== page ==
There are more things to take care of when designing a captivating email. Although the list can be endless, we’ll name a few that we find paramount.
Adding social buttons in the footer will let the subscribers connect with you socially right away. Use social media icons instead of links to minimize the space. Include more than one social profile — not everyone uses the same network.
It’s also a good practice to make emails shareable. This way, your brand can get better exposure and gain new potential customers.
If you are using email marketing for the promotion of your personal brand, you might consider replacing email footer with email signature. For example, you could include a link to your current promo offer in the signature rather than adding a new section to your newsletter. This way, you will maintain the integrity of your email while getting more clicks from those who are genuinely interested in the promotion.
A significant part of your subscribers will open your email on their mobile devices. You should take care thereof by adopting responsive design. In other words, make sure that your email looks as stunning on mobile as it does on your laptop.
Imagine you have a beautiful multi-column template. Now picture how those columns would look on mobile? Fortunately, if you design emails responsively, multiple columns will transform into one when accessed from a smartphone. Just don’t forget to check if your email marketing software allows this feature.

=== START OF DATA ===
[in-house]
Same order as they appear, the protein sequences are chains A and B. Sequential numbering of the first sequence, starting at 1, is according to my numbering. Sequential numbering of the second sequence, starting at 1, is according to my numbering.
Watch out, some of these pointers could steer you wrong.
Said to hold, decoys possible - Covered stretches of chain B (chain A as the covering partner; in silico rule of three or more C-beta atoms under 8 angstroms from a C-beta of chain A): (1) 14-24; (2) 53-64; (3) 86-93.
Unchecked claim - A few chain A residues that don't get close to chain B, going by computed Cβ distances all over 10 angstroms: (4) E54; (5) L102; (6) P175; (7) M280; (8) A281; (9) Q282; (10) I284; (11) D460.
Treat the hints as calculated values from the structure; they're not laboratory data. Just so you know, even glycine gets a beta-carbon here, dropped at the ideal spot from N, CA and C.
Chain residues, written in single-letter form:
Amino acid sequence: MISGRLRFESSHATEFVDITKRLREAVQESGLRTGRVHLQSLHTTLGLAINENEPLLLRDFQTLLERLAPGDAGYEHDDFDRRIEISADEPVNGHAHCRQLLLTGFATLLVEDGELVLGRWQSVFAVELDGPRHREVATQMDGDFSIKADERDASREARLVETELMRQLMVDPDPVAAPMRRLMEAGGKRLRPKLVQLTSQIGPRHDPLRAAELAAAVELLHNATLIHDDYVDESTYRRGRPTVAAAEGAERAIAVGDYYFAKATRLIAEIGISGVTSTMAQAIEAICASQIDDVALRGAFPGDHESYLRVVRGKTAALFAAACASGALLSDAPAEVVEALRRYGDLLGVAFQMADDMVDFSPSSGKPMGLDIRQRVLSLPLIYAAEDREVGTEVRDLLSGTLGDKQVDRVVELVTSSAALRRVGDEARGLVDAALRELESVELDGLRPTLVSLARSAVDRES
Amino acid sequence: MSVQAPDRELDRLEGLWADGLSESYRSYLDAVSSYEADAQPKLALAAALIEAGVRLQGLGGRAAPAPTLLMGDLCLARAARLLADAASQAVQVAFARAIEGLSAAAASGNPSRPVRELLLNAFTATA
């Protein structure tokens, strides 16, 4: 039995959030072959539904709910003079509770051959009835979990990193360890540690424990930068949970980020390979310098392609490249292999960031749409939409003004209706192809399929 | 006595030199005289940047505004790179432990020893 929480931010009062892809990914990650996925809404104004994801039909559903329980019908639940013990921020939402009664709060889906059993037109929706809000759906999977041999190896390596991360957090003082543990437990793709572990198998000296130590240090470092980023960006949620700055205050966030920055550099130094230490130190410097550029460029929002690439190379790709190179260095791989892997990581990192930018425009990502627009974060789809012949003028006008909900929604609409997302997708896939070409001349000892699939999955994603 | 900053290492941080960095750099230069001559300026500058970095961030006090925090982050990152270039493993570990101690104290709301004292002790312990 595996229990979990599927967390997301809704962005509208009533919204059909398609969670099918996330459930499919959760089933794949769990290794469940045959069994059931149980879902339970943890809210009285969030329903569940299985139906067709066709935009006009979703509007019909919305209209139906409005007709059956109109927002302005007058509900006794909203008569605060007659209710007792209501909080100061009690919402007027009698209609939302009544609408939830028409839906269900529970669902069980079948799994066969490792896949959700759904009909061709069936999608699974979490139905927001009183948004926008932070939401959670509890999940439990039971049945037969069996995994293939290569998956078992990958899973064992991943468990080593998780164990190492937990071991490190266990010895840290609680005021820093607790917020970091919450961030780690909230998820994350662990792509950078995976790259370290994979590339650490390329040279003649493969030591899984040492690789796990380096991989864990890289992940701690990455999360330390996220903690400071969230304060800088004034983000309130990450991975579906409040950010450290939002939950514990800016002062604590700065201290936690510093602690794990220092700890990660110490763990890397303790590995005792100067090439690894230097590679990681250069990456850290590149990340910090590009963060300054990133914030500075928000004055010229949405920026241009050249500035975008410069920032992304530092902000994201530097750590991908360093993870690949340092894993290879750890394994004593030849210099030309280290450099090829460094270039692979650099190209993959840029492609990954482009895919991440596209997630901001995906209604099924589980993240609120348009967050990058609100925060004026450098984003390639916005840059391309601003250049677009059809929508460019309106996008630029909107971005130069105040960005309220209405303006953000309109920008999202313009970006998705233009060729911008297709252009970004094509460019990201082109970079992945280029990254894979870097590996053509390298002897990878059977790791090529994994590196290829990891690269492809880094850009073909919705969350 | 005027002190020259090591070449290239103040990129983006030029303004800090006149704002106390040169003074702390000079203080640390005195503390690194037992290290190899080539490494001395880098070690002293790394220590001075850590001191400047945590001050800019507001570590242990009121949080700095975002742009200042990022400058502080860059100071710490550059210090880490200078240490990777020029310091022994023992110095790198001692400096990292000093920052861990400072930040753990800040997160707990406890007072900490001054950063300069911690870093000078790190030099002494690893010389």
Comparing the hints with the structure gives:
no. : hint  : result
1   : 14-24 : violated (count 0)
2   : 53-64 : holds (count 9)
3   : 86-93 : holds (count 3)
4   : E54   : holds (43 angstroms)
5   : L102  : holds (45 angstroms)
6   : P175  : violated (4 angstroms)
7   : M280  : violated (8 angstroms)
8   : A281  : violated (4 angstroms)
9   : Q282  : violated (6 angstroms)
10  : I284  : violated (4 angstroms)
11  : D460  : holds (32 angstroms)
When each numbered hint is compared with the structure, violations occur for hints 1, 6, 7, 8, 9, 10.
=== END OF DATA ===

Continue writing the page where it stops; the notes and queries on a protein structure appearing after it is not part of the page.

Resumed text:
In design, following the rules is just as important as breaking them from time to time. Surprise your audience by providing them with something they didn’t expect. This is your chance to shine and to grab their attention.
Let’s see how to break the rules successfully using the example of an email from Adidas. The content structure and hierarchy is replaced with dynamic content. You cannot focus on one image long enough, as it switches to another one immediately.
Still concerned how to make email more attractive when you lack designer skills? Just search for the ready templates and adjust them to your content, audience, and the needs of your business. Or use email campaign builders available within the most email marketing platforms: MailChimp, Campaign Monitor, Mailjet, you name it.
You don’t need to be a designer to create beautiful emails and succeed in email marketing. There are enough tools that can help you with that. Get inspiration from your favorite templates and remember about clarity, consistency, and your brand identity. Use images, colors, and vivid CTAs. Arrange your content blocks in an order that makes the most sense. Make your copy scannable and your overall layout responsive.
In the end, when your email is ready, revise it and delete a thing or two. Don’t forget to send out a few tests. Once you and your colleagues like it, hit the Send button and wait for the results to show in your dashboard.